A while ago, I created a presentation and a sample application on just that topic. I presented it first at JavaOne 2010 in San Francisco as session S314178: “Beyond Smartphones: Rich Applications and Services for the Mobile Masses” and you can find the presentation by searching at the JavaOne content catalog.

video-shot.pngI’ve been continuously updating it since, and have now released the source code under the BSD license on The “Meet Me For Dinner” sample application and project shows the core building blocks and development aspects of creating rich and compelling applications and content for Java ME platforms.

The sample app is not perfect (still has a few minor bugs and is lacking some nice-to-have features) but the goal is to show interested developers how to get started and enables them, due to the liberal BSD license, to copy-and-paste code as a starting point for their own projects.

Check out this short video for an introduction. Then go the “Beyond Smartphones” project on for the full sources, instructions on how to build and run the code, and a forum for questions. Also, see my previous post on the Twitter API ME for more information and a “How-To”.

Finally, if you’re planning to attend JavaOne in Hyderabad, India next week (May 10-11), be sure to attend the “Beyond Smartphones” session scheduled for Wednesday, May 11, at 3:45 pm.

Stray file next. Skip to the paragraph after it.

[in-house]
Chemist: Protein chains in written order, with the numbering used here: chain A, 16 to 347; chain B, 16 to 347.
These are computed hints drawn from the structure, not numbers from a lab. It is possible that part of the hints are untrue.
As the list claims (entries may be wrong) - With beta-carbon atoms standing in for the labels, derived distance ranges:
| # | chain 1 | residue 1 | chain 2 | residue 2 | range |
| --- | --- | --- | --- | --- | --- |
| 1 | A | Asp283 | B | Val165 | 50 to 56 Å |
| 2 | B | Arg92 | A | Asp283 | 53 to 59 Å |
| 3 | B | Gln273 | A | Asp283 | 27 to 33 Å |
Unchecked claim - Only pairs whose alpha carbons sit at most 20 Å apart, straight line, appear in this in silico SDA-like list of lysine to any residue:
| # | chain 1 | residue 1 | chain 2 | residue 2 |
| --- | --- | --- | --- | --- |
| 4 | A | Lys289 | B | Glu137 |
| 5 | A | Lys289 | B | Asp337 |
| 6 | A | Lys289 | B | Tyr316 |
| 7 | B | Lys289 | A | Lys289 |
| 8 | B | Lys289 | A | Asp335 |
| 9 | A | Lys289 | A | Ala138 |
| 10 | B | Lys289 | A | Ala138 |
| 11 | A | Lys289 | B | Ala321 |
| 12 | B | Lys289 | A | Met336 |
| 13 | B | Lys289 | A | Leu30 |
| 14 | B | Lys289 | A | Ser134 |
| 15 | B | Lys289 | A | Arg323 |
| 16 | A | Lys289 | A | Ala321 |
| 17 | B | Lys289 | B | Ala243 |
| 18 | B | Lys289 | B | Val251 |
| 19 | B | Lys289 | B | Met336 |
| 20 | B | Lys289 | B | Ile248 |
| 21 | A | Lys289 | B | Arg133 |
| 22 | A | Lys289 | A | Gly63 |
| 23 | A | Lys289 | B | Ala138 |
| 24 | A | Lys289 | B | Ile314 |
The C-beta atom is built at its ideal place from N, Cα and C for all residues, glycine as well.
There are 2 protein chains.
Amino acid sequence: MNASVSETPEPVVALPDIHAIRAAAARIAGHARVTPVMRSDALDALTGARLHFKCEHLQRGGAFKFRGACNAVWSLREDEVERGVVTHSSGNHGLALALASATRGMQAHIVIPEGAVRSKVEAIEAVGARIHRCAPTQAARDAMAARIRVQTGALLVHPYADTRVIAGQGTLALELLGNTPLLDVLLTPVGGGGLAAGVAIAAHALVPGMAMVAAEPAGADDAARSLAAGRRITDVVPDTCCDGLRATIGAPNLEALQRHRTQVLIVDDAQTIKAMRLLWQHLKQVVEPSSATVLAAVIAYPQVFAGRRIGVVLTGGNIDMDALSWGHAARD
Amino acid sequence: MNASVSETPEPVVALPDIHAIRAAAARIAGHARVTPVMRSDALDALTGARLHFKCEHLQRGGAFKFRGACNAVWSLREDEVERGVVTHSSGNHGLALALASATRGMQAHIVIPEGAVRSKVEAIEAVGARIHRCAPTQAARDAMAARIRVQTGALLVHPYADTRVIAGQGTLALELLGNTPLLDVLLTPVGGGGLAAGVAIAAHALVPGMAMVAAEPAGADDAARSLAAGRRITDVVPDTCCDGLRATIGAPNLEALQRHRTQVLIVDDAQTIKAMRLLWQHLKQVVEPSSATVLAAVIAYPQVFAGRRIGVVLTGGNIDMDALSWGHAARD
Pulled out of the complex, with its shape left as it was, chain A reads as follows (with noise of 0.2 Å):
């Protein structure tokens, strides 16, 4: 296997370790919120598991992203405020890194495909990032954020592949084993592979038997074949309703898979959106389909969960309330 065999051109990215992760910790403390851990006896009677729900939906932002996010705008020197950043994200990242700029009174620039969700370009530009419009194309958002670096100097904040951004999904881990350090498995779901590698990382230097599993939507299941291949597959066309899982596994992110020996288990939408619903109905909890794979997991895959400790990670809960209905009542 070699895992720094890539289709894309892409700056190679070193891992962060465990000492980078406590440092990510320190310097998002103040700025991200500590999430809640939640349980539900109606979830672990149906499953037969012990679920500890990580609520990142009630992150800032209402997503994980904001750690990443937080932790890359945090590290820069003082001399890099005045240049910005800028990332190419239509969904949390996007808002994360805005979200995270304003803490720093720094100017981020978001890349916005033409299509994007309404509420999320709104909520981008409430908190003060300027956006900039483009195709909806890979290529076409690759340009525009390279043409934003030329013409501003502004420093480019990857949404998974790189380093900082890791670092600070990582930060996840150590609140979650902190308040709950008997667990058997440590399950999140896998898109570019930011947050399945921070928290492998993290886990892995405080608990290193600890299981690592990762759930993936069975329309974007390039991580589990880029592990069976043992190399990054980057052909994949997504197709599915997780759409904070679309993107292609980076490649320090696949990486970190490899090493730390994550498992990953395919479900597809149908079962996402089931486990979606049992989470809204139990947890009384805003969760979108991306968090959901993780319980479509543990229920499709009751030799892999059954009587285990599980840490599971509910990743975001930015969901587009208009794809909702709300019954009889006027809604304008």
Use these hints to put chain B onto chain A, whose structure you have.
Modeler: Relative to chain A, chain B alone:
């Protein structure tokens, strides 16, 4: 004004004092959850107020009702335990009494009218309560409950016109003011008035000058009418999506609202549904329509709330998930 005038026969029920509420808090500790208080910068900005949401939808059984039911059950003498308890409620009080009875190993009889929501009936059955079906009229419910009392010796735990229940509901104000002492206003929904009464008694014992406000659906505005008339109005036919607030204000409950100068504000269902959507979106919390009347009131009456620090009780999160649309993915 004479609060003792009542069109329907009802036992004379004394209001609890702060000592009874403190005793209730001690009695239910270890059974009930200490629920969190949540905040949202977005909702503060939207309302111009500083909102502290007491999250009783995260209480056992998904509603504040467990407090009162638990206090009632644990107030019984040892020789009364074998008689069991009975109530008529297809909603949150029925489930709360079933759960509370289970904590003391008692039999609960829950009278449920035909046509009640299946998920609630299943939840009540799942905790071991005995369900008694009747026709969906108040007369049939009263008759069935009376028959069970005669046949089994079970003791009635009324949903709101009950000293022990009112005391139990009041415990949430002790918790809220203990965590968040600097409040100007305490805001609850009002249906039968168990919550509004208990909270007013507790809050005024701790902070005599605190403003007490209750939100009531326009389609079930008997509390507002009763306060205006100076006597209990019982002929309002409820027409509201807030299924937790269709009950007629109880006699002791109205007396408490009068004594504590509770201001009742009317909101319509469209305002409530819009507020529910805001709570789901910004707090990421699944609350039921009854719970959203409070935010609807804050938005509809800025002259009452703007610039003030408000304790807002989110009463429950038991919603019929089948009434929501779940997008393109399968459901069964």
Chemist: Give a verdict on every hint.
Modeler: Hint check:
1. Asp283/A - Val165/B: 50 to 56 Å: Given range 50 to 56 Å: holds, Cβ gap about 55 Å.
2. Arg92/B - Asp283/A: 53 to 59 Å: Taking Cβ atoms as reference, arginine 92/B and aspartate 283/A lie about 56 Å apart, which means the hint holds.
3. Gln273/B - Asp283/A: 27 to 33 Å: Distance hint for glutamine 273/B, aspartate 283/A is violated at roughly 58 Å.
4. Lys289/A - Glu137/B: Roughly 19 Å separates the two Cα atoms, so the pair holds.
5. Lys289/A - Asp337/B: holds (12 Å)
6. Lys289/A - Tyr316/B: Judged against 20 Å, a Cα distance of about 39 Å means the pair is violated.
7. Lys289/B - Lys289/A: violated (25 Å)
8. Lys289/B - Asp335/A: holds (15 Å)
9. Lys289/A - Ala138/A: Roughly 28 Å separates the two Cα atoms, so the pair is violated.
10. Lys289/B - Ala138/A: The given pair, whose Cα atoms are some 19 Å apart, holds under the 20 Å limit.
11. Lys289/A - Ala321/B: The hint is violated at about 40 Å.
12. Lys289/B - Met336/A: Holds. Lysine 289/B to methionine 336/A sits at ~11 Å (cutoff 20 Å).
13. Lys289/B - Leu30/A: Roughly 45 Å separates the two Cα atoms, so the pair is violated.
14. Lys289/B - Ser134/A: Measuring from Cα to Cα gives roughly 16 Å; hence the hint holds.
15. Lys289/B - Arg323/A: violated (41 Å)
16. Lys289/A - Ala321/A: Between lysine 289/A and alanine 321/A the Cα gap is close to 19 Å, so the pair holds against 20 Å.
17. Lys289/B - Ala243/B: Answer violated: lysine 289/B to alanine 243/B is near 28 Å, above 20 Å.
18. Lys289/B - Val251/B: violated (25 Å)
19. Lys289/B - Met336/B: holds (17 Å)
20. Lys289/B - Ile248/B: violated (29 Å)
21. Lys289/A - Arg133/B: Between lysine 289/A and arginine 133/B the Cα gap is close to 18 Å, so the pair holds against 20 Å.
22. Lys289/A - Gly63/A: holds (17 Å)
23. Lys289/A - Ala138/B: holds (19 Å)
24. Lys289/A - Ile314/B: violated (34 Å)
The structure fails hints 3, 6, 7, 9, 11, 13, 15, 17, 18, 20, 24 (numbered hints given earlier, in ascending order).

— Terrence


Just wanted to point your attention to an article in the recent Oracle Magazine titled “Billions Served”. It talks about the wide range of products and services based on mobile and embedded Java and Oracle’s commitment to the space, embodied in the Java Micro Edition platform technology and related products such as the Java ME runtime, the Lightweight UI Toolkit (LWUIT), and more.

The article also discusses the examples of two successful products using Java ME technology, by CINTERION Wireless Modules and by Telmap.

If you are an Indian developer be sure to attend next month’s JavaOne conference in Hyderabad, where you’ll learn more about what Oracle is doing specifically around Java ME in developing markets.


— Terrence


JavaOne is coming to Hyderabad, India on May 10-11. It is shaping up to be a great event, with keynotes, dozens of sessions, Hands-On-Labs, the Exhibition, the OTN Night party, and of course, plenty of opportunities to learn, share, and network with your peers and experts from around the world.

JavaOne in Hyderabad is built around four tracks:

  • Core Java Platform
  • Java EE, Enterprise Computing, and the Cloud
  • Java SE, Client Side Technologies, and Rich User Experiences
  • Java ME, Mobile, and Embedded

The two conference days will be packed with information designed around these tracks. For complete data, see:

Because of India’s central role as one of the fastest-growing developing markets, JavaOne is putting particular focus on technologies suited for the Indian market, such as mobile Java. There will be a number of sessions and events at JavaOne driving home Oracle’s commitment to the Indian market, the Java platform, the Java ecosystem, and Java developers.

I will be talking about this as part of the JavaOne Technical Keynote on Tuesday at 2:15 pm. I will also be doing a couple of technical sessions and the mobile Java HOL.

More information and details on the show to follow as soon as they become available.


— Terrence